1500 AD – Foreign trade brought new technologies, in the form of siege weapons. Eventually, from the Far East, came cannons and gunpowder. Cannons obliterated castle walls, rendering them useless; Those who could afford cannons conquered those without. This ended with near complete dynastic monarchies. A King and his court of advisers ruled an entire nation, unopposed. The Rothschilds founded the first International Bank by opening branches in each nation’s capital. By lending money to opposing rulers and playing them against each other, they dominated the wealth of Europe.

The Colonial Age:

States that accumulated enough wealth through their economic centers, competed for expansion of trade routes and colonization of newly discovered lands. China, India and eventually, the New World became the source of new prosperity. North America proved to be the most fruitful of these, leading to a new age of colonial expansion for the European powers. The new Instrument of Expansion became the state-chartered trading companies, such as the British East India Company.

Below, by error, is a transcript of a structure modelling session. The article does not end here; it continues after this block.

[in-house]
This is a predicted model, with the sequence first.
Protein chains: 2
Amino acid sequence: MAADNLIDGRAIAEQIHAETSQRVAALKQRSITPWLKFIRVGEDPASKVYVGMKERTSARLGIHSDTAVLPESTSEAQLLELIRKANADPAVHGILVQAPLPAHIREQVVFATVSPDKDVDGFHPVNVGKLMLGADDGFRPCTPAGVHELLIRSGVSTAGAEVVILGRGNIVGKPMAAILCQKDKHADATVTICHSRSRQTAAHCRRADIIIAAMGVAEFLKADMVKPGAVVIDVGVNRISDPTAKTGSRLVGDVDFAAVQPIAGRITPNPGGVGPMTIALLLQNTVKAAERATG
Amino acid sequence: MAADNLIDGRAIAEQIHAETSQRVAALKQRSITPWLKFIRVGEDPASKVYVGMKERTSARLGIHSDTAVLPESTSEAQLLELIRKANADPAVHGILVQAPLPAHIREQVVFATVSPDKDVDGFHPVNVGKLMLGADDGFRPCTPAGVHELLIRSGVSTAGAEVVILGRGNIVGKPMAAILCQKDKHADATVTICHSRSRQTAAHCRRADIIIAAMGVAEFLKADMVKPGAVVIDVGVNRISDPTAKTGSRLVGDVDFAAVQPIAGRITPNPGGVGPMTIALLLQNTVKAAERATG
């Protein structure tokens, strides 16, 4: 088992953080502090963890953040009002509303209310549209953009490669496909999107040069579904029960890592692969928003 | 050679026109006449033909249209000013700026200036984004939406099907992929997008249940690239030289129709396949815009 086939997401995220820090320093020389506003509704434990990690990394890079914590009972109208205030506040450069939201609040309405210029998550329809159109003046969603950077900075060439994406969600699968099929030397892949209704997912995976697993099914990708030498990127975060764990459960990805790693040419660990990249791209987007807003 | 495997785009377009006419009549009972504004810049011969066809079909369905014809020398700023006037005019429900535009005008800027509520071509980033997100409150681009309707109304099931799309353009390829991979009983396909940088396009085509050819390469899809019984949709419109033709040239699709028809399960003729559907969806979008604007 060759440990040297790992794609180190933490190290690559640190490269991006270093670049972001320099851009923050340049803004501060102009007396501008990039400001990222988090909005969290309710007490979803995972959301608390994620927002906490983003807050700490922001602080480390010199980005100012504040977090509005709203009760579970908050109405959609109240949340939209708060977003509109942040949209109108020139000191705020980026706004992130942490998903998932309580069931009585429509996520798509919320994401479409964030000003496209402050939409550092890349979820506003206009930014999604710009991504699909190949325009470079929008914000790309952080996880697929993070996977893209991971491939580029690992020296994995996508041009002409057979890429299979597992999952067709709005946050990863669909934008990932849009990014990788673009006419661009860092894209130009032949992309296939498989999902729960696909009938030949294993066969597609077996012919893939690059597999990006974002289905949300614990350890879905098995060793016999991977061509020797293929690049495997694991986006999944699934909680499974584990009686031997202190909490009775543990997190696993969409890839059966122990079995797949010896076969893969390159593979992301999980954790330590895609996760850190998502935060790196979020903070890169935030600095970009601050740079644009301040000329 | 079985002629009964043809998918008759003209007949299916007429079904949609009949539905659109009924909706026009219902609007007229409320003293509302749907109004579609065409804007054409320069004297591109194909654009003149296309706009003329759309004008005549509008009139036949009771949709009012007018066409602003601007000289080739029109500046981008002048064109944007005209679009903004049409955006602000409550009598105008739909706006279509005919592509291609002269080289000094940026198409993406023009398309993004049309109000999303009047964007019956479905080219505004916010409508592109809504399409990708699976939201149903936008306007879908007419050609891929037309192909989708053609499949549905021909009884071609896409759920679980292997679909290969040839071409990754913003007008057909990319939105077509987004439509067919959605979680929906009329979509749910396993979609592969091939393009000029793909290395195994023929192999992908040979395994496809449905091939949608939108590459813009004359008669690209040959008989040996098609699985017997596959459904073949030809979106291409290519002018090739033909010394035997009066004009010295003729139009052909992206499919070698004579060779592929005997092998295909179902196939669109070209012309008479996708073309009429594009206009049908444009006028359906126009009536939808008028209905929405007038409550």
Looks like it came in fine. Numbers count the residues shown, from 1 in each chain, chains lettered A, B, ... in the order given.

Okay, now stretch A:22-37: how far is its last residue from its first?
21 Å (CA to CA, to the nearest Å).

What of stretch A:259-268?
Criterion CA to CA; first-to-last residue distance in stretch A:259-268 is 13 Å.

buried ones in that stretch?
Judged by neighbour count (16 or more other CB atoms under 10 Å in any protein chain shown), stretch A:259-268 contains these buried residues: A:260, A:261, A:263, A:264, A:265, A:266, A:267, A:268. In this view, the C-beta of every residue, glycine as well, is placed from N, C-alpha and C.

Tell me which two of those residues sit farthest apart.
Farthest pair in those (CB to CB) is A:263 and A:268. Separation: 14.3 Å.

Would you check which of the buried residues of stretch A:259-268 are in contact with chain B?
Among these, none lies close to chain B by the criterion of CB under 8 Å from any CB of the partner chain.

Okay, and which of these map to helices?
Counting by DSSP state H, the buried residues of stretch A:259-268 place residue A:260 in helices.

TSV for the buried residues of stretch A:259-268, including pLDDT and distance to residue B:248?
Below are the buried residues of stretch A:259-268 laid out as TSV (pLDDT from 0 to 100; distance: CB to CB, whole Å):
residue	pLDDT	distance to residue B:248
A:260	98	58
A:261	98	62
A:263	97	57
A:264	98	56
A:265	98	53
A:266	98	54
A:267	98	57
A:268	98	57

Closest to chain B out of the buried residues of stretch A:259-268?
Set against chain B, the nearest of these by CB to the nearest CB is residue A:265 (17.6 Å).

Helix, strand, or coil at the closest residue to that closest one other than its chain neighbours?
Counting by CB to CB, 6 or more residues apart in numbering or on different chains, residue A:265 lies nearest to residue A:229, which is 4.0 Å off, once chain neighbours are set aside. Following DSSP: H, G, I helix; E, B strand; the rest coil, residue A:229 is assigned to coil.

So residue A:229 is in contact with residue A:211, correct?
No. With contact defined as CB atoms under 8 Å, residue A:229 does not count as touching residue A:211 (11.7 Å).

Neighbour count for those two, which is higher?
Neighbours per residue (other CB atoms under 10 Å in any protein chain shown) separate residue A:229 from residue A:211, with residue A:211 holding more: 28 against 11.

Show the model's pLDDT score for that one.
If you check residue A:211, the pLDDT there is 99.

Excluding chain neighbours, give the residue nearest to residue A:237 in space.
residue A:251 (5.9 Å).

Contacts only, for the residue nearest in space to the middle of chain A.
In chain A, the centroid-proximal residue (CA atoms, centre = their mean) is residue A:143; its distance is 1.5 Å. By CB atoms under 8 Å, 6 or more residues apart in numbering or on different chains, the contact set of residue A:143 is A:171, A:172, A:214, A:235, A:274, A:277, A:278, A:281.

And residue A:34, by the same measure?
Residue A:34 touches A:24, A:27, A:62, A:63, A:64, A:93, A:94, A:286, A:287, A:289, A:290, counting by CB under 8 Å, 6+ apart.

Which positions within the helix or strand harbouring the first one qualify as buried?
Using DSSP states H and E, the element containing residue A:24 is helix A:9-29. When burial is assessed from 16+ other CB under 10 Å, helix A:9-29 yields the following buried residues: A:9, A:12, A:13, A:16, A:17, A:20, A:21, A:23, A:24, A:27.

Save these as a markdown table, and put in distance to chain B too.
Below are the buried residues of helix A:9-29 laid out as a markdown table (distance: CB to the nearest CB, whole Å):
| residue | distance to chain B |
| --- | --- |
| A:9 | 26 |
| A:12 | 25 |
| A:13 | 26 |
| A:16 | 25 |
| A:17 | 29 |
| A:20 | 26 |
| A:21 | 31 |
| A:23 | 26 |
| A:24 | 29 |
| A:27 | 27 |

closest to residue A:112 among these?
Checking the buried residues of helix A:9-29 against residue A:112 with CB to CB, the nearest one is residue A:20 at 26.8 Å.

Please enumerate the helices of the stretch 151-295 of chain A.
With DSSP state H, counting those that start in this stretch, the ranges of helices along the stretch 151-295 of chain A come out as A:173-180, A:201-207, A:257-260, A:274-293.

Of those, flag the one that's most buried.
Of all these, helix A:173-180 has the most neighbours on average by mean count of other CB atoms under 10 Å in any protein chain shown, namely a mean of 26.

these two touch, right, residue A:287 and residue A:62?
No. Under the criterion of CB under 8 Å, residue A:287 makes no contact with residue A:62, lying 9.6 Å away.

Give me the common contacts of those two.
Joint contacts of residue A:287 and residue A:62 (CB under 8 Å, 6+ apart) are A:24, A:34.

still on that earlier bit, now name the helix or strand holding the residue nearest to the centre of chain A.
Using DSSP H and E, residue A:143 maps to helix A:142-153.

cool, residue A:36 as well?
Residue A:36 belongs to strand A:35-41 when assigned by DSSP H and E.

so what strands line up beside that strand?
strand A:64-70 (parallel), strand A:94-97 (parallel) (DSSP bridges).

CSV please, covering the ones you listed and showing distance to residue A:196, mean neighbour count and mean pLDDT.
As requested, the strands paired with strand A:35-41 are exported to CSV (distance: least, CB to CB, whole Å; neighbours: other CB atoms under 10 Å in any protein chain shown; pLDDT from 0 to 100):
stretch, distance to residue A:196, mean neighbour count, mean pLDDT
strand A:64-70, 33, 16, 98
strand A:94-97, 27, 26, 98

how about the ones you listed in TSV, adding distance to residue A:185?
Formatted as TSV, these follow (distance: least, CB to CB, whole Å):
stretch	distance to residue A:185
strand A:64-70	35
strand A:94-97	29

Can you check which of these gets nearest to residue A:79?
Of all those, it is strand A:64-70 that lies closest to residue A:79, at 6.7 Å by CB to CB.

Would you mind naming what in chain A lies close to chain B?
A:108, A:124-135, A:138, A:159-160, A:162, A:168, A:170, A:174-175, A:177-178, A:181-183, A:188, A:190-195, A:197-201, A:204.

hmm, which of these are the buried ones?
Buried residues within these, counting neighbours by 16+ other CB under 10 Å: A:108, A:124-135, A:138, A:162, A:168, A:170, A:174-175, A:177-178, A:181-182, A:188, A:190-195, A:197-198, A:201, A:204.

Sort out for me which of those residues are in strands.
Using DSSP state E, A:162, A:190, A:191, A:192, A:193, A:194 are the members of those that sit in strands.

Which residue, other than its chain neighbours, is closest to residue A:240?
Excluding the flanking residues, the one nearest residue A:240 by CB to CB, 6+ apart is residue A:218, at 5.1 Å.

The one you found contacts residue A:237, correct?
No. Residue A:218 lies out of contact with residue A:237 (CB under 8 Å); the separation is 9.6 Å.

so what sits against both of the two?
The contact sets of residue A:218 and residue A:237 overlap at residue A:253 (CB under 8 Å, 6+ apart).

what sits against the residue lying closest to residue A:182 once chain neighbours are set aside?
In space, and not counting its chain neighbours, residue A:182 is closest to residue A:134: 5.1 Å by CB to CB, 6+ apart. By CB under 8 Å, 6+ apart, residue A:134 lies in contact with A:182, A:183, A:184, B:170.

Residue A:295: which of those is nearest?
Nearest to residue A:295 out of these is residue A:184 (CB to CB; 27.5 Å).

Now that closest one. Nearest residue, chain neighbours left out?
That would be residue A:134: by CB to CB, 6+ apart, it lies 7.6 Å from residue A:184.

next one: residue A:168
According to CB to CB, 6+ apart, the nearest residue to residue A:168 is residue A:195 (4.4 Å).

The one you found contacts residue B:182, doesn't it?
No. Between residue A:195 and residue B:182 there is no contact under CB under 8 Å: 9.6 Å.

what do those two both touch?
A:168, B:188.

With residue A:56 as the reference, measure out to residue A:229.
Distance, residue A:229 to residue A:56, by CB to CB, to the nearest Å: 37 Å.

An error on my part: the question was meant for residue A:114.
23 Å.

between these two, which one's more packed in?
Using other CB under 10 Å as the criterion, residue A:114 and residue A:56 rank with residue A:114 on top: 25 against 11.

As all instruments do in time, these trade companies devolved into institutions. The state-chartered companies were used to increase the power of the state, at the expense of the people’s liberty. They stopped serving their customers, the colonists, and began exploiting them. Every detail of craft and tradework became so tightly regulated that it was practically illegal to create any new product, business, or innovation without the permission of the State.